And they were told the law does not allow for degrees of realisation on the part of the accused person as to whether or not an act is wrong, nor does it envisage juries coming to their own medical opinions when qualified psychiatrists have already assessed the evidence.
The verdict in the Morley case came after almost four-and-a-half hours. The jurors had been given a direction that the judge would accept a majority verdict and he had again reminded them that they had to reach a verdict "in accordance with the evidence". He told them, in this case, there was no other evidence to set against the conclusions of the expert witnesses.
It meant that Ms Morley was returned to the Central Mental Hospital, where a report will be prepared on whether or not she continues to need inpatient care. She’ll be back before the court on 31 May and will have to remain in the CMH until doctors decide she is well enough to be released.
She is now being treated for the psychosis that psychiatrists from the CMH diagnosed her as suffering from in the months leading up to the tragedy. Ms Morley herself told doctors shortly after the killings that the anti-psychotic medication she had just been put on was a "wonder drug" - and wished she had been on it the previous week.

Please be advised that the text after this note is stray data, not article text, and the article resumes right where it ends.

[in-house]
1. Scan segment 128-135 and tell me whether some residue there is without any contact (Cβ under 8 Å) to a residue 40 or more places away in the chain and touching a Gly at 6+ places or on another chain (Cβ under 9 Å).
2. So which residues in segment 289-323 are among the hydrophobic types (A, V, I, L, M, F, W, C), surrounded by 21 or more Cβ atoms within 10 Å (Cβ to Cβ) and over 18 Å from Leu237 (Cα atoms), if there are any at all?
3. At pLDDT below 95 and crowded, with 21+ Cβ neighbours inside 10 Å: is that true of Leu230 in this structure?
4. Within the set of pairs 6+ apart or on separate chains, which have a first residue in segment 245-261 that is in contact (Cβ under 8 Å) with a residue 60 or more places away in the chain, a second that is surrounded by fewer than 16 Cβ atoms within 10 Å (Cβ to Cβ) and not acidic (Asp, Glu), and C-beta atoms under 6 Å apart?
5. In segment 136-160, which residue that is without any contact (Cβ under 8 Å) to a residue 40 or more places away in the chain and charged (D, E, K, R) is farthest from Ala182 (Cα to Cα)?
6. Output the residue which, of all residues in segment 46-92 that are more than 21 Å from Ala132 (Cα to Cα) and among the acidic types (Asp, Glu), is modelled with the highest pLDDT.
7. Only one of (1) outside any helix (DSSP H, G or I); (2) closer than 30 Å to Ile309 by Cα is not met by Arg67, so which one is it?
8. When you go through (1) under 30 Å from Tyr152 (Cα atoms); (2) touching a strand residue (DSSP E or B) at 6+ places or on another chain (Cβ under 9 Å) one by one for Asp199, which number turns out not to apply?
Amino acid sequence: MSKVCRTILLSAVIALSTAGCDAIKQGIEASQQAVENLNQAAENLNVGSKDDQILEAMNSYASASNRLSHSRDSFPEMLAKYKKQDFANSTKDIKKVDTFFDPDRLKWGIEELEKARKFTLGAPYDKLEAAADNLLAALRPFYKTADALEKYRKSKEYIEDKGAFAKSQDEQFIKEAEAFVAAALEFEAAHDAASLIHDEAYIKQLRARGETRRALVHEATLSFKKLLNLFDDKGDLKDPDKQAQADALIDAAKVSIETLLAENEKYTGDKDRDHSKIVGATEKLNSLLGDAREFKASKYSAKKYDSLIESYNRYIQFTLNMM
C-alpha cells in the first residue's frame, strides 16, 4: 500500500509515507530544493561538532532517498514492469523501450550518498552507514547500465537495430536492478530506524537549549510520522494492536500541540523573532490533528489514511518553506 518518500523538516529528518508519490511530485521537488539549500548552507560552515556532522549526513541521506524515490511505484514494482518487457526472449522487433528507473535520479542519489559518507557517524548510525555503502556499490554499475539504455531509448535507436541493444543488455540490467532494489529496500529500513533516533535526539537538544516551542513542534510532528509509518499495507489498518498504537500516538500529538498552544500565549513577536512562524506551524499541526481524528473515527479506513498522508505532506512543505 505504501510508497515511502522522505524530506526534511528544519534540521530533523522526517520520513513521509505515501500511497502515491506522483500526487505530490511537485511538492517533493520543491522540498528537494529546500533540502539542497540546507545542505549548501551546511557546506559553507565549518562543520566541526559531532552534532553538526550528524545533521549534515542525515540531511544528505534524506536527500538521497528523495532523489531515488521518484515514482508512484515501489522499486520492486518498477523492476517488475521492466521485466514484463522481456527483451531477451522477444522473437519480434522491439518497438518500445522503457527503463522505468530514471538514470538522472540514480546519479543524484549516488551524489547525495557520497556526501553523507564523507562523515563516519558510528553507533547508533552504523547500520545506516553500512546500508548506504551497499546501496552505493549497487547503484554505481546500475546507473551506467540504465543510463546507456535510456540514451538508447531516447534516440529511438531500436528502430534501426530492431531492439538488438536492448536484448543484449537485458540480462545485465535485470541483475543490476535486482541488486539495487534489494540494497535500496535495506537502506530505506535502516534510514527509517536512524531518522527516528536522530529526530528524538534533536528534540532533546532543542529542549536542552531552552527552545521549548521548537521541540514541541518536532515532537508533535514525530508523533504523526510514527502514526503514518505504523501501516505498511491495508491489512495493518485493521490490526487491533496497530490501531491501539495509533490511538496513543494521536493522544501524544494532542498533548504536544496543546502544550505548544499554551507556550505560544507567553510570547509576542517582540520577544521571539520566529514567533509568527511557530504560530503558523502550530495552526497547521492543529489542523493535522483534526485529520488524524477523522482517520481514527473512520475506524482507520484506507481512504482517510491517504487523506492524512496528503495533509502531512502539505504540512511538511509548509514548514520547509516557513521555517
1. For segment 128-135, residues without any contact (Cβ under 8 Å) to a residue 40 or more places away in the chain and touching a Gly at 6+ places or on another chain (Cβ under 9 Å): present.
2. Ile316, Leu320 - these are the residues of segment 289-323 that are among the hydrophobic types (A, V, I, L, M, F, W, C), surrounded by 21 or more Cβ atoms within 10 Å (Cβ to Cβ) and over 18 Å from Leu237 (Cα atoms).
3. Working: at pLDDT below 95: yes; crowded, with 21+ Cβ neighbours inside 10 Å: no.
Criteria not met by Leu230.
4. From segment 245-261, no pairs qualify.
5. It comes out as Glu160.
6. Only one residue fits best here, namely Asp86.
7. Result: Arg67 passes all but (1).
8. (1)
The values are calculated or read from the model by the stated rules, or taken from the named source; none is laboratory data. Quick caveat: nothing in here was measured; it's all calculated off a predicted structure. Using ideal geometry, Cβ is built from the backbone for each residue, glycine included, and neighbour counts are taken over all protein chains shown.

An assessment by prosecution expert, Dr Mary Davoren, on 6 April this year found Ms Morley was doing well, with no thoughts of wanting to harm herself or any suicidal ideation. Dr Davoren said Ms Morley wanted to move forward to escorted community release when the trial was over.
The trial leaves in its wake a broken and traumatised family, as well as a nation haunted by the details of the last hours of three young children. But those details, so vividly outlined in public, also allowed for a much greater understanding of how these horrific events took place, and of Deirdre Morley’s descent into psychotic mental illness.
They also gave the children’s father, Andrew McGinley, a platform and a starting point for his call for a full investigation into his wife’s diagnosis, treatment and medication. And they provided justification for his plea for families to be much more involved in the mental health treatment of a loved one, a plea the Government now appears to be taking on board.